At the end of the Old Regime, the fear of famine became a pervasive terror for the lower layers of the third stand. Wild rumors about a conspiracy theory claimed that food, especially cereals, was deliberately hidden from the poor for the sake of the privileged (the Famine Pact). Stories of a plot to destroy wheat crops to starve the population provoked what is known as the Great Fear in the summer of 1789. The rest of the National Constituent Assembly followed the king in two weeks to new quarters in Paris, with the exception of 56 pro-monarchical deputies. Thus, the march effectively deprived the monarchist group of the important representation in the Assembly, with most of these deputies withdrawing from the political scene. On the other hand, the passionate defence of the Robespierres march has greatly increased its public profile. Although Lafayette was celebrated at first, he realized that he was too connected to the king. When the revolution progressed, he was exiled by radical leaders. Maillard returned to Paris, where he was permanent as a local matador. For the women of Paris, the march became the source of the apotheosis in revolutionary hagiography.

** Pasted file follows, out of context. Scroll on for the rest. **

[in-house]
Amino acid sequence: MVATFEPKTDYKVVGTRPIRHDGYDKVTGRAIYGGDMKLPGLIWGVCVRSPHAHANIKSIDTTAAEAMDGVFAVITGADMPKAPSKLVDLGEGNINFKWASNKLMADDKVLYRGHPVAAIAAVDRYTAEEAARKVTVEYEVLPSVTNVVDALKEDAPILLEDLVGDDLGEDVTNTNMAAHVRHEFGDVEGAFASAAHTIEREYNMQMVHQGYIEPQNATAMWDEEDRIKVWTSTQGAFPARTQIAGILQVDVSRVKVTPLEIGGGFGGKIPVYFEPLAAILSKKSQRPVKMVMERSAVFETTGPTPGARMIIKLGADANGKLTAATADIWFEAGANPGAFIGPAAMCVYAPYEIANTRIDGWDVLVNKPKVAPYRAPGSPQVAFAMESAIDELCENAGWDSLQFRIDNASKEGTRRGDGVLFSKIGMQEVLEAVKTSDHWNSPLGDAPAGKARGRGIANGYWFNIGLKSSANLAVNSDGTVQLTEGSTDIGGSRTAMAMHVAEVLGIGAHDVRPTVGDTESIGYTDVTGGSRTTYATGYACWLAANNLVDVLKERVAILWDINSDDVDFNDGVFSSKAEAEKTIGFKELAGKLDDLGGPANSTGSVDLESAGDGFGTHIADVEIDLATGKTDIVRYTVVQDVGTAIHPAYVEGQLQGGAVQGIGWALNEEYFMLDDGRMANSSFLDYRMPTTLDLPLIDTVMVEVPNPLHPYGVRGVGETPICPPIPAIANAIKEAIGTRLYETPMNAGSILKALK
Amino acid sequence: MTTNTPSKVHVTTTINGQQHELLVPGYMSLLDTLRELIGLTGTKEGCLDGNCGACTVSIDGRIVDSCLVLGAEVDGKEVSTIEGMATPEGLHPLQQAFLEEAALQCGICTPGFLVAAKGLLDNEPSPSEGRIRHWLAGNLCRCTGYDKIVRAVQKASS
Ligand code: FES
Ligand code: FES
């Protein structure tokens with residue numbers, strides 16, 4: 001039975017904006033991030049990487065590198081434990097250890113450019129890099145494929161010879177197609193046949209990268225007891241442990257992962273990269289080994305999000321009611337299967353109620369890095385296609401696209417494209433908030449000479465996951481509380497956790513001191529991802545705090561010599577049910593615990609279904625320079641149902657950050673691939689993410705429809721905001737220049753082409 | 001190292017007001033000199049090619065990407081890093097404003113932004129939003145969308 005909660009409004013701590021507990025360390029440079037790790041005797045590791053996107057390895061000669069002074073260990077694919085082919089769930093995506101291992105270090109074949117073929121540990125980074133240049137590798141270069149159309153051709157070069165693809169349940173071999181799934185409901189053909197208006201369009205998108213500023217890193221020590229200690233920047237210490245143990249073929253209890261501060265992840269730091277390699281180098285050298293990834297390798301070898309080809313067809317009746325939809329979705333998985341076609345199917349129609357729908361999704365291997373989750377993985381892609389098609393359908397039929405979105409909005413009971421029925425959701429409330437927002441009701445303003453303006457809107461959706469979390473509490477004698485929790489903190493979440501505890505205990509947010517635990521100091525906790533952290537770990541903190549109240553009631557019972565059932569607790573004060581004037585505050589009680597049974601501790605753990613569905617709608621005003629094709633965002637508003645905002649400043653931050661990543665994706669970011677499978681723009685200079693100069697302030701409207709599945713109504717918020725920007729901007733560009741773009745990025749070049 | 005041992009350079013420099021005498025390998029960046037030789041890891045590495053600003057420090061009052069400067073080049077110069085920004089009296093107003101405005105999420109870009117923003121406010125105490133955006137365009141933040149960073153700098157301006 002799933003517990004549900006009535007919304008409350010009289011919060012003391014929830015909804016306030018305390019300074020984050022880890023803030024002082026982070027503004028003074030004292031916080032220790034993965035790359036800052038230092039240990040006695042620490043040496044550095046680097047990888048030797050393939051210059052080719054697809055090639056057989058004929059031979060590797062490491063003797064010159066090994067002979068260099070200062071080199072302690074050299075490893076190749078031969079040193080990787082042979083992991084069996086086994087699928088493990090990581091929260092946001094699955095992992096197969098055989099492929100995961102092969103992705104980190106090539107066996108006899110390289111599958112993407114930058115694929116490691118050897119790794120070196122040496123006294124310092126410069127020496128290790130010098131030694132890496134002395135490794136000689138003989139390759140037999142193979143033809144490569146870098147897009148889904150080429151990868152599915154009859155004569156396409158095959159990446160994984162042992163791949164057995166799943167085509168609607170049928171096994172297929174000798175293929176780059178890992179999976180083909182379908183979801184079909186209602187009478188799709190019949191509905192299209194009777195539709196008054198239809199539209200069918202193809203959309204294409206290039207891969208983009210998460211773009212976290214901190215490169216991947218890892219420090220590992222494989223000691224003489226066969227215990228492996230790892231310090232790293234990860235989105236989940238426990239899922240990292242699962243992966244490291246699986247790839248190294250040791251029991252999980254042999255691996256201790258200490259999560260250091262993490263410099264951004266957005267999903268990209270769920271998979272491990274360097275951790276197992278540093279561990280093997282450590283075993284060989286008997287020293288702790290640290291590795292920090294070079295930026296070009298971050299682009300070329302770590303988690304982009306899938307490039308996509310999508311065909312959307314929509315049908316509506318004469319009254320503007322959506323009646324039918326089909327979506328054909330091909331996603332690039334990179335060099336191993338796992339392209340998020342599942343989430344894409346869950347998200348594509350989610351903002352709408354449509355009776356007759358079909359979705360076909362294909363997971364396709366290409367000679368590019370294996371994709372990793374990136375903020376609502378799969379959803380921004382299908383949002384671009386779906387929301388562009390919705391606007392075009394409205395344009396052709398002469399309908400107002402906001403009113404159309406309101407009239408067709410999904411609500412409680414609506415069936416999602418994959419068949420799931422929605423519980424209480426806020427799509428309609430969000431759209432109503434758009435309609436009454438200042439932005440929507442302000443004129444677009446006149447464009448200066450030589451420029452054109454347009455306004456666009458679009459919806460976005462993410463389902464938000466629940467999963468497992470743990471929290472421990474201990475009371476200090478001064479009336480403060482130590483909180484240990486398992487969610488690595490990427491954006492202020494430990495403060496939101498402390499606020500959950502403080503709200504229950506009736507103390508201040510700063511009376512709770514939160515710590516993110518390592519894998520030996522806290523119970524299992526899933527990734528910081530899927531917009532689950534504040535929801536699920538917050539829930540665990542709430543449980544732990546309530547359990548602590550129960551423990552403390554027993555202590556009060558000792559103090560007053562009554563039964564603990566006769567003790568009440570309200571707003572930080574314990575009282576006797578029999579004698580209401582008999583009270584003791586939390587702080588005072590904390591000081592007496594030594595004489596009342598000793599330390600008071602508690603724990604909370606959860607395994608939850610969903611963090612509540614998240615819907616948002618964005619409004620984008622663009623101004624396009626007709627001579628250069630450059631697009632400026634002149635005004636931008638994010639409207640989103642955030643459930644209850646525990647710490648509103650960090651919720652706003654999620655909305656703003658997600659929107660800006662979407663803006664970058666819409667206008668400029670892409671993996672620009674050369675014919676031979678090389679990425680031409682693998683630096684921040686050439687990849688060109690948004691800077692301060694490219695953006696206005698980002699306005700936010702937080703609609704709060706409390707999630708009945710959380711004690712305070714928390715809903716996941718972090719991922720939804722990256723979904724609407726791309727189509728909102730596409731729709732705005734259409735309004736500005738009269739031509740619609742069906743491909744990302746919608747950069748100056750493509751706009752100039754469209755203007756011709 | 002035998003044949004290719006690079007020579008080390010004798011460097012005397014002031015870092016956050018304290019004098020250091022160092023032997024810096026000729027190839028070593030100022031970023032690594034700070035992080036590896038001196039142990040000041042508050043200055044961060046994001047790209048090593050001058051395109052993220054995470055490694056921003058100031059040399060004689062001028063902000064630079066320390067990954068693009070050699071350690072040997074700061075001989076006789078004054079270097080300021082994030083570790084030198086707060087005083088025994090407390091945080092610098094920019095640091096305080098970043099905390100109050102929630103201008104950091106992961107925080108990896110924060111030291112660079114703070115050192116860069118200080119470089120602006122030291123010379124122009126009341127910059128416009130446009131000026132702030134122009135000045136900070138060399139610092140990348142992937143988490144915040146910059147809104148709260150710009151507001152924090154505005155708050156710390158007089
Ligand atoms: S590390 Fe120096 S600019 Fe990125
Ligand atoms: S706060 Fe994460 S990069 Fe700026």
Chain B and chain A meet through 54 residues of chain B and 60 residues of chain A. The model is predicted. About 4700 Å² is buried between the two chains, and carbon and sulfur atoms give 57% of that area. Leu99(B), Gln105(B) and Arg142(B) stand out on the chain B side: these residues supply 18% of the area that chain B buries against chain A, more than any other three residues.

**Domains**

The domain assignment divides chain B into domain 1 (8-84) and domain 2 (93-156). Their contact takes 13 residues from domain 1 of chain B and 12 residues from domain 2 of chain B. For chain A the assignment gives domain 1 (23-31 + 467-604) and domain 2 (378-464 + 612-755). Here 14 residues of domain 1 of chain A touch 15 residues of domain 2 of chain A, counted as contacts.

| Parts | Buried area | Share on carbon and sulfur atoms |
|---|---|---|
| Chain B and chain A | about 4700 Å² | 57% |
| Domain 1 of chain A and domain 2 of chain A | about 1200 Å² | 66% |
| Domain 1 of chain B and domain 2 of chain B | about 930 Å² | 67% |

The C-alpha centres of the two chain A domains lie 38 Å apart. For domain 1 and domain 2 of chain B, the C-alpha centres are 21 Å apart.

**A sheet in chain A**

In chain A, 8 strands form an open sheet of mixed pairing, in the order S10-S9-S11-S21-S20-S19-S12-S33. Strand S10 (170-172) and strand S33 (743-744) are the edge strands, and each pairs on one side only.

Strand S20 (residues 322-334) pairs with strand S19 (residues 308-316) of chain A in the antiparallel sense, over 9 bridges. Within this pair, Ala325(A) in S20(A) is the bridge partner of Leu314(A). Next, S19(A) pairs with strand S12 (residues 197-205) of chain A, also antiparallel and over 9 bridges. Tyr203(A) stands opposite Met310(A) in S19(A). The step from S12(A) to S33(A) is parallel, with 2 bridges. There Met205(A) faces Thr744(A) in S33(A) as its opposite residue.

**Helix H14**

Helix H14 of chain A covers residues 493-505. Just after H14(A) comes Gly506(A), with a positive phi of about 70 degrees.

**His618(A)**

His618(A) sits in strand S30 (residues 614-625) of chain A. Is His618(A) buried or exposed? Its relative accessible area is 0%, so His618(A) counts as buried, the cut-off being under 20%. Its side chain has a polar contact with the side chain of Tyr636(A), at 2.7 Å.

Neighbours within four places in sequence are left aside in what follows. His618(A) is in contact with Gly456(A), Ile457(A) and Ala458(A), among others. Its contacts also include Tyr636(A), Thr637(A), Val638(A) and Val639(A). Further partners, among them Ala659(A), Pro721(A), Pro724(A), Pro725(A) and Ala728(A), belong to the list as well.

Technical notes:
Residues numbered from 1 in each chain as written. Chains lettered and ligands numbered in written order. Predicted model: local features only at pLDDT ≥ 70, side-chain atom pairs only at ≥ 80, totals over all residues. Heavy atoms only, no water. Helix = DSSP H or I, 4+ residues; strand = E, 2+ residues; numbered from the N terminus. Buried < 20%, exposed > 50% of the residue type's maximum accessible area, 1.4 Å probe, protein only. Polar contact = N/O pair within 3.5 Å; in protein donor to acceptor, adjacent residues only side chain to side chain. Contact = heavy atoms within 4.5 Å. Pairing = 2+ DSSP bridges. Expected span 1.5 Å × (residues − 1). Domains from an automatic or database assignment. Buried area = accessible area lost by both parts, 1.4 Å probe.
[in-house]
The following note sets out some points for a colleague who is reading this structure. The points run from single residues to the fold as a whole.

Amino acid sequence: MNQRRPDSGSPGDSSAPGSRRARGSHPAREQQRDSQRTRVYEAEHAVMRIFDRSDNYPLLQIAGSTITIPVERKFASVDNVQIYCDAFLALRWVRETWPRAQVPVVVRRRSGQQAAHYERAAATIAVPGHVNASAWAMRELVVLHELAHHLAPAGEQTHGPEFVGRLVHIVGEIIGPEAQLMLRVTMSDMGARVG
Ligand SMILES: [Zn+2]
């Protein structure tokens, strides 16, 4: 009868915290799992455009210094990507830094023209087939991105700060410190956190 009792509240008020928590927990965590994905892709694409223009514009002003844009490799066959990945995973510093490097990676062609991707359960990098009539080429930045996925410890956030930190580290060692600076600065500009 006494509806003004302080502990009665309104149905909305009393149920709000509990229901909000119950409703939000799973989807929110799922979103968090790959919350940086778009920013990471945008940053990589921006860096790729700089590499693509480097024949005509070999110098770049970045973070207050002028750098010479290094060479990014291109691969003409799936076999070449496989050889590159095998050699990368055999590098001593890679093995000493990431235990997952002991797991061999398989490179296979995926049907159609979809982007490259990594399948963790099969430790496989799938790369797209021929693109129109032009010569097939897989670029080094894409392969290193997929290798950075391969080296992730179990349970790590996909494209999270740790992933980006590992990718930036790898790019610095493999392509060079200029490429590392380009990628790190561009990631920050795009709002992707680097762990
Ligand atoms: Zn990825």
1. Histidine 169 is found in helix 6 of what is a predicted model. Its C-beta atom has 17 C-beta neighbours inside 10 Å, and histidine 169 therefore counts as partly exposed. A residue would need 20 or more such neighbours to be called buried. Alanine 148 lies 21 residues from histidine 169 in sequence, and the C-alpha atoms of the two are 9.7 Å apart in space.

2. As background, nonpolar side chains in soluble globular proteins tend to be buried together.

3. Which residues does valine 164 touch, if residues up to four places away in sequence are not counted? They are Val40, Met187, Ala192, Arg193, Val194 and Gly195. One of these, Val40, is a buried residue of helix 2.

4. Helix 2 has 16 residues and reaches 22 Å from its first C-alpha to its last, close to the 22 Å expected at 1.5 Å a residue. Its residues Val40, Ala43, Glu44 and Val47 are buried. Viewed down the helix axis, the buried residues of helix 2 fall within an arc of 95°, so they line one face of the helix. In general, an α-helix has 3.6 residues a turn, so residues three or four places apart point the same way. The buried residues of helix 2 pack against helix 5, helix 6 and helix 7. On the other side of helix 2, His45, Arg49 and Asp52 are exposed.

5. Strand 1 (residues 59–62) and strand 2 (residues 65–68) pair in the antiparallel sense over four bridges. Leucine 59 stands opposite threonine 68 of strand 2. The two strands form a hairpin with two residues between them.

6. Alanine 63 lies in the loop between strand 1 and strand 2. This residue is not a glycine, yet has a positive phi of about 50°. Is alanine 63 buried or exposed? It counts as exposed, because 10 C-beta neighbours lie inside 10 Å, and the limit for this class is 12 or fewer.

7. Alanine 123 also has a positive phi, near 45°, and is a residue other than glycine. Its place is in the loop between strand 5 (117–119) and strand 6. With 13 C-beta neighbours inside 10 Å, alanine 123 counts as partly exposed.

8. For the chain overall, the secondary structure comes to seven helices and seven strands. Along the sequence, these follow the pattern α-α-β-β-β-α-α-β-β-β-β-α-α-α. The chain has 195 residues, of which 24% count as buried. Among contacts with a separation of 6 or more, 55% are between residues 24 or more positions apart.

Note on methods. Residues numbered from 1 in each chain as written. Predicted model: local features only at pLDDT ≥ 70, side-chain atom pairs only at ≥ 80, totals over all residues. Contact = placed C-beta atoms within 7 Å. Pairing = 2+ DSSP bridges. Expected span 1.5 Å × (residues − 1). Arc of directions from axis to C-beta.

The “mothers of the nation” were acclaimed upon their return and were praised and courted by successive governments in Paris for years. On the morning of October 5, a young woman struck a walking drum on the edge of a group of market women who were angry at the chronic lack and high price of bread. From their starting point in the markets of the eastern part of Paris, angry women forced a nearby church to ring its bells. Other women from other nearby markets joined us, many carrying kitchen blades and other makeshift weapons. When more women and men arrived, the crowd in front of the town hall reached between 6,000 and 7,0000, and perhaps as many as 10,000. One of the men was Stanislas-Marie Maillard, a prominent conqueror of the Bastille, who obtained a leadership role by unofficial acclaim. Father Emmanuel Joseph Sieyes was a critical figure in the Assembly and ultimately for the French Revolution, which managed for a time to bridge the differences between those who wanted a constitutional monarchy and those who wanted to move in more democratic (or even republican) directions. In January 1789 Sieys wrote a pamphlet what Is the Third Estate?, a response to Finance Minister Jacques Necker`s invitation to writers to explain how they thought the stands should be organized.